• “Athletes & Exoplorers” (Sadaharu Oh)
  • “Inspirations” (none)

Rikidozan is toughAll of these peoples are nothing more than hereos in the eyes of Americans. Sure, they are Japanese people who have “made it” on the international stage but that doesn’t guarantee their status as heroes to the Japanese populace. Why isn’t there a place for Rikidozan, the man who captured the hearts and hopes of the Japanese when they had no confidence in themselves, or their nation. Dare I say that maybe it was because he was portrayed as the man who stood up to and beat the Americans?
In the article, Kurosawa was portrayed as a director who was loved by Westerners but misunderstood by the Japanese (I personally disagree). Morita was described as a success because Sony was the first Japanese company to list on the New York Stock Exchange and pointed out specifically that he spent most of his time in the US from the 1950s onwards. Not surprisingly, none of the authors who wrote about Japan’s heroes were ethnically Japanese either. Is it that hard to find good Japanese journalistic expertise?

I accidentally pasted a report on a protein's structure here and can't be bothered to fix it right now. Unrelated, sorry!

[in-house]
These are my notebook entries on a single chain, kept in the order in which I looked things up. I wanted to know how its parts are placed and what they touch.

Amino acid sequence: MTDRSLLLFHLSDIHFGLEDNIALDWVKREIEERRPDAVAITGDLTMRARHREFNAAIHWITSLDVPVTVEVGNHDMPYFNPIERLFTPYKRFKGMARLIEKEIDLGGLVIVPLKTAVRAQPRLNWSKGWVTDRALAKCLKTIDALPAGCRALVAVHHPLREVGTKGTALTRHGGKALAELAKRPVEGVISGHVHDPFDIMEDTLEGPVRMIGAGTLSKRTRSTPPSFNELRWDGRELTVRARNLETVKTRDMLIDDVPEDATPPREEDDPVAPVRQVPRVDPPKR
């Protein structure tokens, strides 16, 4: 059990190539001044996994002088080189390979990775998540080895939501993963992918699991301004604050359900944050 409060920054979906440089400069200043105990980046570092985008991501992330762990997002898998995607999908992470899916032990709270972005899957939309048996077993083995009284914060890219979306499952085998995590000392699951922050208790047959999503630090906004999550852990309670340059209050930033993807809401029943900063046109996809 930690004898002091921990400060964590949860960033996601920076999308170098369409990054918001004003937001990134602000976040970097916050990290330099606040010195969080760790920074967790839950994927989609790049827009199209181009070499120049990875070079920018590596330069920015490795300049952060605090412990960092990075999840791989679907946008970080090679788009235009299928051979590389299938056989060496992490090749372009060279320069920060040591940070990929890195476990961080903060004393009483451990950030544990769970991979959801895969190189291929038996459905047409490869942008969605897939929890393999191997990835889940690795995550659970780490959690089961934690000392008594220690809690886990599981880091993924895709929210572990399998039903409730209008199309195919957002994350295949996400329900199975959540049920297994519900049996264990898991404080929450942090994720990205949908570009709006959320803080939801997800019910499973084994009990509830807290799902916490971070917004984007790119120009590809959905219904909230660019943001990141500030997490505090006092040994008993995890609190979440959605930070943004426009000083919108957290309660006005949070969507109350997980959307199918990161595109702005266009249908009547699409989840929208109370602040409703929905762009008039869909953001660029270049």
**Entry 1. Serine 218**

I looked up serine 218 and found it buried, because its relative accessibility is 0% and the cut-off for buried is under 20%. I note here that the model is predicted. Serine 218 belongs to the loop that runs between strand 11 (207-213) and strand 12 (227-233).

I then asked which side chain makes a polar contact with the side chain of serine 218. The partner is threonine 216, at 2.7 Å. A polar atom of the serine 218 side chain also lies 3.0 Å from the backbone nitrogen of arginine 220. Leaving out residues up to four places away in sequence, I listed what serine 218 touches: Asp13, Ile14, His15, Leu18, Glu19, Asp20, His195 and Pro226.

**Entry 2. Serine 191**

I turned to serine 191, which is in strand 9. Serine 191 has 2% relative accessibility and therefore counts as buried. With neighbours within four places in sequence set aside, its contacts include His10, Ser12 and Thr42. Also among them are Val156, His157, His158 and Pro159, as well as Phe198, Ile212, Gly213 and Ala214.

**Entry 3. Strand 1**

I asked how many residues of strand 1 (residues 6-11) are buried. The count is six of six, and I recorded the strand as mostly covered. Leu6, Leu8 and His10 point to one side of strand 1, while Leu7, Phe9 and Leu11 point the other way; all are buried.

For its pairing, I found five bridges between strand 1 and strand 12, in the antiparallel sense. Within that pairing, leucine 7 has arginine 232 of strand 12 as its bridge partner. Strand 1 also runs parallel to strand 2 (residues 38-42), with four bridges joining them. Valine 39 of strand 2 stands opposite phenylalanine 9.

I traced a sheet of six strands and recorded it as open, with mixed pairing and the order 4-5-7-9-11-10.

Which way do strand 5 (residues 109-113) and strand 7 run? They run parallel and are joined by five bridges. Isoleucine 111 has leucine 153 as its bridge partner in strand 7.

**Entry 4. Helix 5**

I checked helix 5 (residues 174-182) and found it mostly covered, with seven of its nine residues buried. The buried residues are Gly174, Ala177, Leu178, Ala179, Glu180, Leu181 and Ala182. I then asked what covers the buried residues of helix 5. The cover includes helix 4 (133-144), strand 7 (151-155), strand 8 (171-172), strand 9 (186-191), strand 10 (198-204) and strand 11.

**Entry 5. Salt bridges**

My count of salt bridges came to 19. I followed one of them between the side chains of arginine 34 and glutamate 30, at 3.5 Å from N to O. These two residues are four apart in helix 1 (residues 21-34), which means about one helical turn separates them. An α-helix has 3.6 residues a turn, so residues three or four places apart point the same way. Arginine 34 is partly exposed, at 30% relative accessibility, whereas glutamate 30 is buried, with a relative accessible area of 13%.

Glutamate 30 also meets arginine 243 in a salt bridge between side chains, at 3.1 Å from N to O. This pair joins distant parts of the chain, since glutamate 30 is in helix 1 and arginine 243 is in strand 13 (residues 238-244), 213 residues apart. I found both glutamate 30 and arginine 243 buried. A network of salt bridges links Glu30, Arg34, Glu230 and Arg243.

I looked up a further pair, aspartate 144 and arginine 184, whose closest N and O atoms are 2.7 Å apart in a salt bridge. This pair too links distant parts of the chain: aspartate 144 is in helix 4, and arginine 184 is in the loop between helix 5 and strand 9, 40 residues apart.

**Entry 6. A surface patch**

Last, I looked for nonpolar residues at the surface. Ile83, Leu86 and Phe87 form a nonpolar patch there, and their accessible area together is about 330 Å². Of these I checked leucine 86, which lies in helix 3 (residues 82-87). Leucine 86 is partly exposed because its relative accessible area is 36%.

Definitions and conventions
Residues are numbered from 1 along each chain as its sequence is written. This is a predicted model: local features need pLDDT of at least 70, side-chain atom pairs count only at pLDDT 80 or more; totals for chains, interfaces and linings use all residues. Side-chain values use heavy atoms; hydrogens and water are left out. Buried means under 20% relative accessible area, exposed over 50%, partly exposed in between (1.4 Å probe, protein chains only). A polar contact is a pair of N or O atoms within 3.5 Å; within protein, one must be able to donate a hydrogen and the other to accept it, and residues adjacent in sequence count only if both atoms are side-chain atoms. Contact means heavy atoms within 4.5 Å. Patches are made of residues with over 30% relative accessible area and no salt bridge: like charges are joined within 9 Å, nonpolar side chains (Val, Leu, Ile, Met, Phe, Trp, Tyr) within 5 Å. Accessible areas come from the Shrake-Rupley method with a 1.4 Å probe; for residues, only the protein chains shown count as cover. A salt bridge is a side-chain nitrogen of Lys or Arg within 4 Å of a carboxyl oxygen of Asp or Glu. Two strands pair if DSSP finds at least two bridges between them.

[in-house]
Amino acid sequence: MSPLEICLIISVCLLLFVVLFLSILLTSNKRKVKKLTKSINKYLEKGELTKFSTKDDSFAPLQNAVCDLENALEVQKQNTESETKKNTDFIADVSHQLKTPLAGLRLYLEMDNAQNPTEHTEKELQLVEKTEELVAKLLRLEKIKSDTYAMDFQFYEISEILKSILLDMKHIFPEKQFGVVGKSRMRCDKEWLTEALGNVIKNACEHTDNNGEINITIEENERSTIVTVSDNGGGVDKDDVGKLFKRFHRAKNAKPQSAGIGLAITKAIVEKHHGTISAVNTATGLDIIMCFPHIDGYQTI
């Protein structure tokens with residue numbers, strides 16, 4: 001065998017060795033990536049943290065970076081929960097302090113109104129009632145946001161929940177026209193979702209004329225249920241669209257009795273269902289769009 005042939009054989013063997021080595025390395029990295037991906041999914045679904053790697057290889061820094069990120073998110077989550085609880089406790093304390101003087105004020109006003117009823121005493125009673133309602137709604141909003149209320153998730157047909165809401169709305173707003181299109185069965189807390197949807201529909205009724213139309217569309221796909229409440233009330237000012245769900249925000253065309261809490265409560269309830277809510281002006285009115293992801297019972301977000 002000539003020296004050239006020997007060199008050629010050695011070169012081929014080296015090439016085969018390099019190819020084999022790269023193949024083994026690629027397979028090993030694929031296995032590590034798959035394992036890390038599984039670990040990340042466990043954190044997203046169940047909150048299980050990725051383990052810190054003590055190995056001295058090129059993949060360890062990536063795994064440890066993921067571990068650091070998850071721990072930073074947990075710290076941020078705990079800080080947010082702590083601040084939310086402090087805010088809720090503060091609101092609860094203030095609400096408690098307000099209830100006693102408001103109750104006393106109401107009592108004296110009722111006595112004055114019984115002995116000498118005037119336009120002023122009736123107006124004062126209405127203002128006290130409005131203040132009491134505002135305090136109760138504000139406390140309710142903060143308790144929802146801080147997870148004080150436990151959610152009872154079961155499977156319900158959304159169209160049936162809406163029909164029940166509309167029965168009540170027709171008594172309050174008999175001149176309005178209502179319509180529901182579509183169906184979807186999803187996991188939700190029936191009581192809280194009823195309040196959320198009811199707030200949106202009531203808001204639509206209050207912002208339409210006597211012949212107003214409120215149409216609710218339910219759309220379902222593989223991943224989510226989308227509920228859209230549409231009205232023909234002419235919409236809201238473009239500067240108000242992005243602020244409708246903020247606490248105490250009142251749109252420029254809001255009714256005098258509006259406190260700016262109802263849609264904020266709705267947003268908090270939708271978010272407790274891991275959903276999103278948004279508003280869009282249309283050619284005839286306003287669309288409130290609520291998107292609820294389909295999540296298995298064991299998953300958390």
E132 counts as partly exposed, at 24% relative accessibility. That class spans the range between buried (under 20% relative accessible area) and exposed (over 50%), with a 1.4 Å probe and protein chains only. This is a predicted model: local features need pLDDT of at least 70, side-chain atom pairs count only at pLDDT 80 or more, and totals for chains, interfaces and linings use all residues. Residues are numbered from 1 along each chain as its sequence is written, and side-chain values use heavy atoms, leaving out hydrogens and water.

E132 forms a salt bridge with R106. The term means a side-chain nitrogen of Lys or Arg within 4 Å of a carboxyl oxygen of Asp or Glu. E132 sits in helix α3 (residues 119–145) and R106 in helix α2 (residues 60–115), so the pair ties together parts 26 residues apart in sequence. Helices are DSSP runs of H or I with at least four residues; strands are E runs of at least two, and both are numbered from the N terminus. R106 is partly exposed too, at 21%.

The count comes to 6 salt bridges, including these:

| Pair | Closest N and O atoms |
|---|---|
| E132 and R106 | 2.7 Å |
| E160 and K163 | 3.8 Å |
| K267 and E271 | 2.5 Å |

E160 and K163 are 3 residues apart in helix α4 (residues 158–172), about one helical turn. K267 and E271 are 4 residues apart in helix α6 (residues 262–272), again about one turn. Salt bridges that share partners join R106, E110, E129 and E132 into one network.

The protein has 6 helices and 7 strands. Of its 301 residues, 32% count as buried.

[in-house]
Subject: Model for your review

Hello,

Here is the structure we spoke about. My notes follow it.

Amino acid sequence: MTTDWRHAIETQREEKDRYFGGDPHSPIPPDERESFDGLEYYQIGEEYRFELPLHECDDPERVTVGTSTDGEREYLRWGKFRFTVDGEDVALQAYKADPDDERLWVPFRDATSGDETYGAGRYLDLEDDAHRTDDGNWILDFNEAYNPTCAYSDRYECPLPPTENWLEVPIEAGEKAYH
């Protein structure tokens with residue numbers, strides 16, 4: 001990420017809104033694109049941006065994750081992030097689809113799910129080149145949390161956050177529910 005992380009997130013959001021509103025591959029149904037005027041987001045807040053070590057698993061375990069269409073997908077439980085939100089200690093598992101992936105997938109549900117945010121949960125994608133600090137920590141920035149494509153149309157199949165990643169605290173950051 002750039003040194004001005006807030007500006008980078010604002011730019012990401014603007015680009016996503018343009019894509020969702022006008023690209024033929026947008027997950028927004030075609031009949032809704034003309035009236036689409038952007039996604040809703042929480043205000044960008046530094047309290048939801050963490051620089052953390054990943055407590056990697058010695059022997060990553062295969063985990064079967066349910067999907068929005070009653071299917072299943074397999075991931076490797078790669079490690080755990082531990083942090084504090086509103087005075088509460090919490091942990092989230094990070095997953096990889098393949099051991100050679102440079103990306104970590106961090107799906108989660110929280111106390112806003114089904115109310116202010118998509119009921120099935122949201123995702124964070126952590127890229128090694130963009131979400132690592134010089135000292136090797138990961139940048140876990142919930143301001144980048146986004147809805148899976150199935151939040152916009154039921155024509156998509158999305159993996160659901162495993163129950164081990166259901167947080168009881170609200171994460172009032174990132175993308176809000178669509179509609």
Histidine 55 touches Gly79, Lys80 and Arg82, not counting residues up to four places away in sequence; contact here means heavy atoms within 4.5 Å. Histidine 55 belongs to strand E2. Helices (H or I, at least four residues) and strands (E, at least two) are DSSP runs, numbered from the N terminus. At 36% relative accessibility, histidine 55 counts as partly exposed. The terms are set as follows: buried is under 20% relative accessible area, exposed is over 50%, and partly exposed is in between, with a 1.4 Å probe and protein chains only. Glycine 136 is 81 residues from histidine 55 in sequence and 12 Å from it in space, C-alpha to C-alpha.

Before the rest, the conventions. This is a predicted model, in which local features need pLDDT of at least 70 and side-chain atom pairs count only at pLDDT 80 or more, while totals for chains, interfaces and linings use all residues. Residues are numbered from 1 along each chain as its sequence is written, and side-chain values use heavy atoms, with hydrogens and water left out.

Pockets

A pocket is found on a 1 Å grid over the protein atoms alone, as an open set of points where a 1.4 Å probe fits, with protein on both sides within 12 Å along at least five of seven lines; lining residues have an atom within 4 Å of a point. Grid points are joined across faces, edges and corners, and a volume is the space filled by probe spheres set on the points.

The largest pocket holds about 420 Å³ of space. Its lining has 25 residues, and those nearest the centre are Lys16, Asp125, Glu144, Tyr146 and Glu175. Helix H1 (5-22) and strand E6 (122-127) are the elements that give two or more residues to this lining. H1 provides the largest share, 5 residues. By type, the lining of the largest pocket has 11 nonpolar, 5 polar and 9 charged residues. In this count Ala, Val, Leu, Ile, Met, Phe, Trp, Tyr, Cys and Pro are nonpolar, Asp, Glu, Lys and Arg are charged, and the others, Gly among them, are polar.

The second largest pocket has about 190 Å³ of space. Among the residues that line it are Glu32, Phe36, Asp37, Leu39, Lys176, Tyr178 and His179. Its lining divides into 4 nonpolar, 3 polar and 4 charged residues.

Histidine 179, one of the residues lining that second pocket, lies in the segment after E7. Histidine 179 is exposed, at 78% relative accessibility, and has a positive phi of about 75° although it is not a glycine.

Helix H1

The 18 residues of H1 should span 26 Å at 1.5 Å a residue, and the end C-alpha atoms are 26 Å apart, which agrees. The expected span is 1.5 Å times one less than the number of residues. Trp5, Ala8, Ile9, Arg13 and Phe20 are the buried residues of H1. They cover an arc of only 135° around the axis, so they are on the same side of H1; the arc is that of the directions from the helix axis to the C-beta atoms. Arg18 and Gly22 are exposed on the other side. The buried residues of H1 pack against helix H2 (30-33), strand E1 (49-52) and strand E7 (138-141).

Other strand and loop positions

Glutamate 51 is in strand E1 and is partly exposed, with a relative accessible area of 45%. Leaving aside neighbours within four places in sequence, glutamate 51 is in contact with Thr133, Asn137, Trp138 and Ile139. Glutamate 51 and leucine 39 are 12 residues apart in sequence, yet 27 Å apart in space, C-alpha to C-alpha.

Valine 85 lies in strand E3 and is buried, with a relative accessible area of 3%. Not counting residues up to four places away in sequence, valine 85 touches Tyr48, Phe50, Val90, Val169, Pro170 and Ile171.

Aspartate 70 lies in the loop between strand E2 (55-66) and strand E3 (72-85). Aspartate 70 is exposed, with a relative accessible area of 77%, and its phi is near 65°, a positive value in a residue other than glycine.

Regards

On the business front, I wonder if Dr. Kazuo Inamori or even Horiemon warrant a mention. Surely they have had just as much, if not more influence, on the hearts of the nihonjin? Are there really no Japanese “inspirations”? While I’m no expert on Japanese politics, I’d love to hear your opinion on whether there should there be room for Shigeru Yoshida or Noboru Takeshita?

Cup Ramen the best invention of the 20th century ... apparentlyThe one entry in the list that gave me a pleasant surprise was Momofuku Ando. As the founding father of both chicken ramen and instant noodles, he really did shape Japanese society. I don’t know if he is a hero to the Japanese people in the Western sense of the word but we are talking about the nation who voted instant noodles as the best invention of the twentieth century!

Who do you think the Japanese would chose as their true post-war heroes?

13 thoughts on “Is Time doing another Newsweek?”

  1. Following is a reply to Red when I was asked for my comments about “Asian heroes for Japanese people”, and I wrote the reply before I read Red’s comment above. Quite surprising is that what Red thought is quite similar to what I did. In my university, Red was said to be a Japanese in gaijin appearance, but I again came to firmly belive it.

    QUOTE
    I have not read the article yet, but it seems that the heroes mentioned here is those for American people. MacArthur should be hero for American, but he’s just a occupant for Japanese people.